Activities in Joshimath
Trekking: Apart from climbing expeditions, several treks to nearby valleys commence at Joshimath. The famous Valley of Flowers trek starts at Govindghat which is only 26 kms from Joshimath. Apart from that, adventure enthusiasts can visit Auli meadow in summer.
Skiing in Auli: A cable car takes one from Joshimath to Auli Ski Resort where both amateur and professional skiers can ski in snow slopes during the winter season. One can also try certification courses that have duration from 4 to 14 days.
Camping: Camping is another activity where tourists can stay in camps under clear night sky. Tents can be availed on rent or can be brought by the tourists themselves. There are plenty of level ground close to nature where one can set up camps in the company of his family and friends.
Staying in Joshimath
Due to its proximity to holy shrine of Badrinath which sees thousands of pilgrims, many hotels and guesthouses have mushroomed at Joshimath in recent years. As a result, there is plethora of accommodations available at Joshimath. From budget guesthouses to luxurious hotels, Joshimath has it all. In fact,during peak season, pilgrims tend to stay at Joshimath as finding a place to stay at Badrinath is very difficult.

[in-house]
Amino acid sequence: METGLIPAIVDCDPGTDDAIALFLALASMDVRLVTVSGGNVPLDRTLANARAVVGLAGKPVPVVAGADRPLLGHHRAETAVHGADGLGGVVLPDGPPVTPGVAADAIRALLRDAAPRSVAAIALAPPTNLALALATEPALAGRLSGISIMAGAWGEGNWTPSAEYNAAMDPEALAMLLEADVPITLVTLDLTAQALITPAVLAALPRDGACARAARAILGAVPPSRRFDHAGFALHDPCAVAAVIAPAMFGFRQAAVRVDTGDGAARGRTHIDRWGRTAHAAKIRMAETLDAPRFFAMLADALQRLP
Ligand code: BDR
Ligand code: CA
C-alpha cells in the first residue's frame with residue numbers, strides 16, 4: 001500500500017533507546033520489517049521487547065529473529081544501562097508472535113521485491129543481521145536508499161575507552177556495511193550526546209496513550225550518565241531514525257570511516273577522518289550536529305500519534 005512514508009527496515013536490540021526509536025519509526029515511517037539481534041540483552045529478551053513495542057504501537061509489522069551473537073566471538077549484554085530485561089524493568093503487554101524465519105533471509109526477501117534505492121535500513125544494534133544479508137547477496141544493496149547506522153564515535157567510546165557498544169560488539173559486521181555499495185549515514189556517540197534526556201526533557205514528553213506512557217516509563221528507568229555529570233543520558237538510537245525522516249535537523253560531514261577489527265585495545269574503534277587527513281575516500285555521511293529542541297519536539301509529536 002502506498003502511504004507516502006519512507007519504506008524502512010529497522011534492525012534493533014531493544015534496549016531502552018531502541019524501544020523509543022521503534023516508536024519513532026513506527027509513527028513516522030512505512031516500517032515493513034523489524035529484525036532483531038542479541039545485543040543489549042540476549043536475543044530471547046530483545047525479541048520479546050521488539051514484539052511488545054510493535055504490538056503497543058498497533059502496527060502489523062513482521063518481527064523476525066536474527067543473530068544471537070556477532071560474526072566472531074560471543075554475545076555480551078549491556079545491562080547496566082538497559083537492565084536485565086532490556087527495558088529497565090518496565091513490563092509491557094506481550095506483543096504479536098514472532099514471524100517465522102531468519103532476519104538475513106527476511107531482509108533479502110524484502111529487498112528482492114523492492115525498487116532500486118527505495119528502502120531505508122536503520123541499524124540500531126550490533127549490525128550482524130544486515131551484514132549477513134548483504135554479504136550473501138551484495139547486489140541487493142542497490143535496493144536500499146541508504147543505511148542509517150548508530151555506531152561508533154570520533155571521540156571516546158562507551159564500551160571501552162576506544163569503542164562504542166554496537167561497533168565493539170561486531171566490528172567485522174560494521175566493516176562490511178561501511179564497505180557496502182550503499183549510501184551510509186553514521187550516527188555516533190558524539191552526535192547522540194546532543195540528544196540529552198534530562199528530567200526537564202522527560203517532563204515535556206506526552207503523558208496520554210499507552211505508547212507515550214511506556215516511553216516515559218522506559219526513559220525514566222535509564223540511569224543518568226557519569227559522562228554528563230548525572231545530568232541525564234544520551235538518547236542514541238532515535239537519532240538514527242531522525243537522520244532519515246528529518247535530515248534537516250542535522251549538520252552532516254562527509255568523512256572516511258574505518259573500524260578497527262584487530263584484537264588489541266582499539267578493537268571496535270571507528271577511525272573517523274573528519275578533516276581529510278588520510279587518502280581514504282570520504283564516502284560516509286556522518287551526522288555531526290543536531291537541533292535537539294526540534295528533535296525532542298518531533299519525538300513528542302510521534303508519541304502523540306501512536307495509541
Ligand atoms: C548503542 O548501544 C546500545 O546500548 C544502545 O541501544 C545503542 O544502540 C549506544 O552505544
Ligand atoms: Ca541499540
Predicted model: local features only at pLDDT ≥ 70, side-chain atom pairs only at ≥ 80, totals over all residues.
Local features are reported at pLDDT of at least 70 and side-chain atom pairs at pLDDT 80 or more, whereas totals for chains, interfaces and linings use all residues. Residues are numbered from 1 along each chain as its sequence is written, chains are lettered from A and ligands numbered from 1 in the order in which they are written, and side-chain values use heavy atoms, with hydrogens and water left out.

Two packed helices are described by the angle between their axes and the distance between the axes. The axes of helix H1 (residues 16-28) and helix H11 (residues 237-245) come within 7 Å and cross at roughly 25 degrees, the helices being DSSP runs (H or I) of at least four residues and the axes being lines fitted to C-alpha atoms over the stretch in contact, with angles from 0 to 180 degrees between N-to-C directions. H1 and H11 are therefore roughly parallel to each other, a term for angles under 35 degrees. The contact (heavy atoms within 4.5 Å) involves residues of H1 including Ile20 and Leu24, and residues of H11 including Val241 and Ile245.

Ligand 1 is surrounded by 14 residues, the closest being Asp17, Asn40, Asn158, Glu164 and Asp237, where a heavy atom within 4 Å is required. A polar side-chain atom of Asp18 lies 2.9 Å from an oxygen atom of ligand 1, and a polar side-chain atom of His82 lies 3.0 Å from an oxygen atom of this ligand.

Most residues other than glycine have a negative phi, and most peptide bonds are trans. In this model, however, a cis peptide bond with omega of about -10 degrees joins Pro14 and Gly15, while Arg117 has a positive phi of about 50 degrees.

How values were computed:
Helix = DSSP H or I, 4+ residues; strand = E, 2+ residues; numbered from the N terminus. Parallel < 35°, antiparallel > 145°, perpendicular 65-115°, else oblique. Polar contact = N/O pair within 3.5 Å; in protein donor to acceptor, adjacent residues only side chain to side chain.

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History of Joshimath
The holy town of Joshimath was established by the great Hindu philosopher and guru, Adi Shankaracharya in the 8th century C.E. To promote the Hinduism, Adi Shankara ensconced the four cardinal 'mathas' or monasteries in different parts of India, among which Joshimath or Joyotirmath was the first ever northern monastery of India.
Mythology of Joshimath
According to the local legend, when the right hand of the idol adorned in the Narasimha temple of Joshimath, will become as fine as a hair, the two mountains Jay-Vijay, en-route Badrinath will become one. During this phase, Lord Badri will disappear from the Badrinath temple and will re-appear in the form of a black stone (Shaligram) at Bhavishya Badri, located at a distance of 10 km from Joshimath.
Adi Shankara had also laid the foundation of the temple of Lord Narasimha, the presiding deity of Joshimath which is believed to be one of the ‘Divya Desams’, the 108 temples of Lord Vishnu revered by the 12 Tamil poet-saints or Alvars.
In ancient scriptures Joshimath is described as Kartikeyapura as it has been named after Kartikeya, the God of Katyuri kings and the son of Lord Shiva.